"The ambiguity in the regulations with regard to the standard of comparability for buying groups with respect to volume discounts can create uncertainty during negotiations, which could decrease deals being reached between buying groups and cable-affiliated programmers and increase the volume of program access complaints. By clarifying that the most reasonable and practical standard of comparability for buying groups is with an individual MVPD providing the programmer to the same number of subscribers, the FCC is likely to increase the likelihood of deals getting done and decrease the number of program access complaints filed," said Polka.
ACA also urged the FCC to address the significant competitive problem caused by the "uniform price increases" loophole. The FCC has repeatedly recognized that the nondiscrimination proscription in the program access rules has been largely ineffective because a cable-affiliated programmer can arbitrarily charge its affiliated cable operator any price, including one above its fair market value, without affecting the company's bottom line. Thus, a cable-affiliated programmer who charges all other MVPDs the same price it charges its cable affiliate will appear to be charging a facially neutral uniform price but, in reality, is inflicting disparate financial harm on unaffiliated MVPDs. As a remedy, ACA urged the FCC to explicitly adopt a fair market value standard, which takes account of prices charged for similar programming by non-vertically integrated programmers in evaluating complaints alleging price discrimination.
"ACA's proposal is not a foreign one to the FCC. The agency has repeatedly employed a ‘fair market value' standard to close the uniform price increases loophole in the remedial conditions it imposes to temper the effects of vertical integration in its transaction review orders, such as the recent Comcast-NBCU transaction. By adopting a fair market value standard, the FCC can ensure that cable-affiliated programmers do not unfairly disadvantage MVPDs through the imposition of uniform price increases for programming not otherwise actionable under the nondiscrimination provision of the program access rules," Polka said.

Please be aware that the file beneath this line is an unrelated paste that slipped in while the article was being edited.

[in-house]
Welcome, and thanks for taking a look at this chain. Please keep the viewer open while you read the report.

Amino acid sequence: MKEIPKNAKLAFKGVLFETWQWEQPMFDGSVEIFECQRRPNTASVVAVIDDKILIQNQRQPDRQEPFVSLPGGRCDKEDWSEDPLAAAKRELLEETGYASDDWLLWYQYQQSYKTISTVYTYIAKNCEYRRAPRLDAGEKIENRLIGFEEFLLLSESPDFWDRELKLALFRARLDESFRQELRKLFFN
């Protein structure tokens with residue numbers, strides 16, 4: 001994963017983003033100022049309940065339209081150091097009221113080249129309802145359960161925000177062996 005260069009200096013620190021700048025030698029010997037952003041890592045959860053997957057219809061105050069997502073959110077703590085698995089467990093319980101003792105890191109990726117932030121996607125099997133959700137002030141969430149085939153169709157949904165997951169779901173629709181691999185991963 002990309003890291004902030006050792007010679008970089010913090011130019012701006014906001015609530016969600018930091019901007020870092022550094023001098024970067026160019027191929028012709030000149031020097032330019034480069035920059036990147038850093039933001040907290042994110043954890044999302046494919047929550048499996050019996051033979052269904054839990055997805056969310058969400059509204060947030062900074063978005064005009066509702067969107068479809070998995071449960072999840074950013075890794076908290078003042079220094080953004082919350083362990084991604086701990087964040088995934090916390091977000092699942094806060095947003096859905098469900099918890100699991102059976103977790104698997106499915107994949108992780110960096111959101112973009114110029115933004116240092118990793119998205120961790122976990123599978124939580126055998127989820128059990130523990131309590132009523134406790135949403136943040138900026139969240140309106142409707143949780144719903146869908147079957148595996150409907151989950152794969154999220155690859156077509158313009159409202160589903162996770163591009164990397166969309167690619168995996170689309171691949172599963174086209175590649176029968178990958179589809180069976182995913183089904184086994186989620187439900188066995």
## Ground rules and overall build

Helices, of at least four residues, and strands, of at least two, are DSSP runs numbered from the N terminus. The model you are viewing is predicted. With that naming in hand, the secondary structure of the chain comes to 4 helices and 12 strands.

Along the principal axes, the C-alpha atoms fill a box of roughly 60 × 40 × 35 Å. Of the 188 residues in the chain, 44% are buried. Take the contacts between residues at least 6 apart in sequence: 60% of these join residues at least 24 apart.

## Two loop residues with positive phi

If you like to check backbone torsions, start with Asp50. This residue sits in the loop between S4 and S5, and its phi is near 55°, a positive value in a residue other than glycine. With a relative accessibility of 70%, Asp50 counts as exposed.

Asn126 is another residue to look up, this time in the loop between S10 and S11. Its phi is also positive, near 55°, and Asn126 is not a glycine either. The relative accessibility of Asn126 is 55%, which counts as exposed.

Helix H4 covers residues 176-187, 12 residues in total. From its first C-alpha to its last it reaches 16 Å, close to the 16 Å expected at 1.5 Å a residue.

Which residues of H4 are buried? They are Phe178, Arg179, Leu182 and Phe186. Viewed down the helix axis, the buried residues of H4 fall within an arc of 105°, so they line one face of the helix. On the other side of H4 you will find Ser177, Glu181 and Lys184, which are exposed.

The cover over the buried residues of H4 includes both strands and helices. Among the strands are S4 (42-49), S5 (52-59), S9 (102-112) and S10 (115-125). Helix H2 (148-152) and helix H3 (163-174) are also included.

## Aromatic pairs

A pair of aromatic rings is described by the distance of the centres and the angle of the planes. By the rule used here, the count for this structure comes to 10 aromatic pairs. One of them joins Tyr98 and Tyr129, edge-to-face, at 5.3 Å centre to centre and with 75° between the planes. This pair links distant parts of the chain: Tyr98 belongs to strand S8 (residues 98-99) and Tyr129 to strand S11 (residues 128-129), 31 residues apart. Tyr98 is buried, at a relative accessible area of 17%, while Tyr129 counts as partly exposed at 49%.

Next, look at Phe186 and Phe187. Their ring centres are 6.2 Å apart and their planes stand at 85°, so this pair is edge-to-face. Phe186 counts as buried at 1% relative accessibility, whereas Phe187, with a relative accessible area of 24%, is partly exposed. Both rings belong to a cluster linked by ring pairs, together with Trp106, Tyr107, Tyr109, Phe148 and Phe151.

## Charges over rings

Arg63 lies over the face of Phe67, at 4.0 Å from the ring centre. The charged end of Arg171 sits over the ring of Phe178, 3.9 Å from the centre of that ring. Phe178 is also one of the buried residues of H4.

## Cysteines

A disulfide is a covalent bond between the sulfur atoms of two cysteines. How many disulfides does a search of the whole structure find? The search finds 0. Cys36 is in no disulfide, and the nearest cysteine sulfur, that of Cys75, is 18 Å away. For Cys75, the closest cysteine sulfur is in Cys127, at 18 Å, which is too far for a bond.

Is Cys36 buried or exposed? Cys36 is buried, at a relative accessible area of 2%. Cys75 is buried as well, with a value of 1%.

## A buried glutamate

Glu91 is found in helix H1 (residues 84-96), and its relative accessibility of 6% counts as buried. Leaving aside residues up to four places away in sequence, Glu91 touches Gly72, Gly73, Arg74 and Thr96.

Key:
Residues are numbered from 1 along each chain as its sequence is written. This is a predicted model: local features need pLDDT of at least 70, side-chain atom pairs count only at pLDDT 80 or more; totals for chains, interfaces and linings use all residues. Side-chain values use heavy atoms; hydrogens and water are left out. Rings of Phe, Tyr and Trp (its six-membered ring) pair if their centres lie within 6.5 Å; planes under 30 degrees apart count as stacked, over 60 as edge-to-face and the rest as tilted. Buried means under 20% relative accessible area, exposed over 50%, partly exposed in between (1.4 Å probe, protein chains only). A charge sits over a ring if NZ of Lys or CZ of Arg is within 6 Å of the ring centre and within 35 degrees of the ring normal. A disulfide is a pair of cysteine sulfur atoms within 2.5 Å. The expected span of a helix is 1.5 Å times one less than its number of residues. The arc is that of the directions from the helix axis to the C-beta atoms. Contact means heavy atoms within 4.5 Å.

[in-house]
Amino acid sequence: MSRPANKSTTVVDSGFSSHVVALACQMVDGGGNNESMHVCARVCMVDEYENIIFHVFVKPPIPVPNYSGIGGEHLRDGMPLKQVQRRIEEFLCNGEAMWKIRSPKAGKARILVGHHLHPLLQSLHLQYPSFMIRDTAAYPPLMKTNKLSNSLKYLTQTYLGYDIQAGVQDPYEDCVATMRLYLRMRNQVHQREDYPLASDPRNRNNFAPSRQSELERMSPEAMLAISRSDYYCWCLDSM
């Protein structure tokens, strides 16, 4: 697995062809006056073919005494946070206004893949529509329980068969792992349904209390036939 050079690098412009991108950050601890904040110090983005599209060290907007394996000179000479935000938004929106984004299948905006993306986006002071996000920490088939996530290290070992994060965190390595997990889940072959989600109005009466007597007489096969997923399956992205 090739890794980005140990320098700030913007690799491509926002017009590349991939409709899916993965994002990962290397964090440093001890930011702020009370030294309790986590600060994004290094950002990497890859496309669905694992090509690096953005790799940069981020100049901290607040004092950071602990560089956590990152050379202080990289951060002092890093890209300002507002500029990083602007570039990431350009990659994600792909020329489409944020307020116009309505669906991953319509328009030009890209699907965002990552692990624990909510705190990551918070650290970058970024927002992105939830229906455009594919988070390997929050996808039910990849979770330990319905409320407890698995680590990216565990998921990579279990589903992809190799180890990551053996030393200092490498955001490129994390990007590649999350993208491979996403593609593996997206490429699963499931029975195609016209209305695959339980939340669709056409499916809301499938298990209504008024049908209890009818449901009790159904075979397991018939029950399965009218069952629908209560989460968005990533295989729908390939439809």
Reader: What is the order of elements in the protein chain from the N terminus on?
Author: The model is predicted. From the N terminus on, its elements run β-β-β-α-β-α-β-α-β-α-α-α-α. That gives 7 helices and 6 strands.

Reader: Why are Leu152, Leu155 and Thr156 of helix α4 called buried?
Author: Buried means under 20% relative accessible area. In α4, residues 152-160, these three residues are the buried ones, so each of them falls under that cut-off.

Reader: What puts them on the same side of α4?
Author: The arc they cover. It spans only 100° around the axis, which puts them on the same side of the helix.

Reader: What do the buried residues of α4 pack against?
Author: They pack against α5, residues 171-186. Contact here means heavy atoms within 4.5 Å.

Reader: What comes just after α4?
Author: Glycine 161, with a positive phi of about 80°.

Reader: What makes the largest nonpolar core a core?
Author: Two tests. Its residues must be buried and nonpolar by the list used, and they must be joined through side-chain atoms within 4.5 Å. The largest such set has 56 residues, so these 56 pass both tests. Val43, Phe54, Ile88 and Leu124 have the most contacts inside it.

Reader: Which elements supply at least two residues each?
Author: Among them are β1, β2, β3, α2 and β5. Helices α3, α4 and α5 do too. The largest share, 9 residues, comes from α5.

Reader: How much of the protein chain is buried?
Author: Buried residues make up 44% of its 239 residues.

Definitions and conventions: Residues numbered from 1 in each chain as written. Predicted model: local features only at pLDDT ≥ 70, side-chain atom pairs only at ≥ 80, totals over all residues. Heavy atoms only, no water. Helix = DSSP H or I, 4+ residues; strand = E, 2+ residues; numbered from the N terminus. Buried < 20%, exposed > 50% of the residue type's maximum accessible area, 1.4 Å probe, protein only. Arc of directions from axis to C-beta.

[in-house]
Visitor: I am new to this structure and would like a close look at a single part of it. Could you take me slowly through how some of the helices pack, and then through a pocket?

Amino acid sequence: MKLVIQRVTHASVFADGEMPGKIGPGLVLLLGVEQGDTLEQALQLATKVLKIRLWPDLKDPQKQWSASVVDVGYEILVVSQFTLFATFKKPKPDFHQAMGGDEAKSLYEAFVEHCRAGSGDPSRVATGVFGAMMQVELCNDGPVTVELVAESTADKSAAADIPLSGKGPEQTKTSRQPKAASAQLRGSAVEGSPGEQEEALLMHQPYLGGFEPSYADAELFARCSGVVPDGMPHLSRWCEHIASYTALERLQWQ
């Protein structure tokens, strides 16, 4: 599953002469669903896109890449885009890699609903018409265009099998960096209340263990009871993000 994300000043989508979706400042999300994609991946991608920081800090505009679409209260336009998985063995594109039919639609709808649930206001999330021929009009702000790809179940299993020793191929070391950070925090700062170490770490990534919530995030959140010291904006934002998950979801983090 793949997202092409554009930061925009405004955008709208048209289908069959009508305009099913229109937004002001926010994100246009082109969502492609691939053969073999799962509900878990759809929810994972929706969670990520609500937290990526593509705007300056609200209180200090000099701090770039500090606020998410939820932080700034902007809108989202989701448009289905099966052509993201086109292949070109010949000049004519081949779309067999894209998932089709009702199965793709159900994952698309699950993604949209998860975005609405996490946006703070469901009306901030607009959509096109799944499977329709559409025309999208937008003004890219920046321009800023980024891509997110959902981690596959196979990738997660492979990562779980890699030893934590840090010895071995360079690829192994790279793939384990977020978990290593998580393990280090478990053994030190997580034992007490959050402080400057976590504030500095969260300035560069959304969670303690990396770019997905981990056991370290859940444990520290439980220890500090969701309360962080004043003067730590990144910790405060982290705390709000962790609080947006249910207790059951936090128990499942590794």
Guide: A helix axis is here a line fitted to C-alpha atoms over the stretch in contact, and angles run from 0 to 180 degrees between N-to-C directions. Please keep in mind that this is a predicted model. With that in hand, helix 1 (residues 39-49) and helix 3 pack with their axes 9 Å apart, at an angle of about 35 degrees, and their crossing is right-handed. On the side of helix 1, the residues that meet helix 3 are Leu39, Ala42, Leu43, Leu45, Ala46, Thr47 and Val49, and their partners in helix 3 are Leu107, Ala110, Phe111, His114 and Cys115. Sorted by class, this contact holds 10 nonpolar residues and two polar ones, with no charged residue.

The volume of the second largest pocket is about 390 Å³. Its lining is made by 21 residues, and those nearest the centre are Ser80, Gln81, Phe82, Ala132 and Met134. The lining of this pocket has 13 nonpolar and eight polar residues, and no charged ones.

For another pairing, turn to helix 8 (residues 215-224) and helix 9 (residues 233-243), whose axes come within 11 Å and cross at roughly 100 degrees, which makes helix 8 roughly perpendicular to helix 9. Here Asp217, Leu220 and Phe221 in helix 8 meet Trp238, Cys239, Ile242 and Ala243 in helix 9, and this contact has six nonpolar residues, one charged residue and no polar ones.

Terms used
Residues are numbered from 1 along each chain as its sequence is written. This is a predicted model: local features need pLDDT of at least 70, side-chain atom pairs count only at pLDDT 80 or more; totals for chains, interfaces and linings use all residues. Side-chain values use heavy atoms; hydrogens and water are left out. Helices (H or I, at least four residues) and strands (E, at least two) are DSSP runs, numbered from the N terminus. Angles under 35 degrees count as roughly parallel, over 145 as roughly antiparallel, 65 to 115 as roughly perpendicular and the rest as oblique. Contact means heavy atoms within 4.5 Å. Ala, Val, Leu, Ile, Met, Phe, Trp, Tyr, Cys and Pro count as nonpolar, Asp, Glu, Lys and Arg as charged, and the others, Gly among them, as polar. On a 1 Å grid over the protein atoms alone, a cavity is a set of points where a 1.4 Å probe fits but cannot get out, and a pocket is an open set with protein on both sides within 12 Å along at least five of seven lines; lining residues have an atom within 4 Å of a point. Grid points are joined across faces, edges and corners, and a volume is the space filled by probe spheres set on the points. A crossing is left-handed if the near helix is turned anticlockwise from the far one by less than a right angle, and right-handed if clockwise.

Finally, in order to prevent harm to competition and diversity in the market for MVPD services, it is imperative that all MVPDs, including small and medium-sized cable operators, have continued access to programming controlled by cable-affiliated programmers, ACA said, adding that the FCC must extend the contract exclusivity ban for five more years.
"The basic market structure wherein a very few vertically integrated cable operators control a significant amount of important programming has remained constant since the last time the FCC agreed to retain the prohibition on exclusivity. Absent evidence to the contrary, the FCC should extend the ban for another five years," said Polka.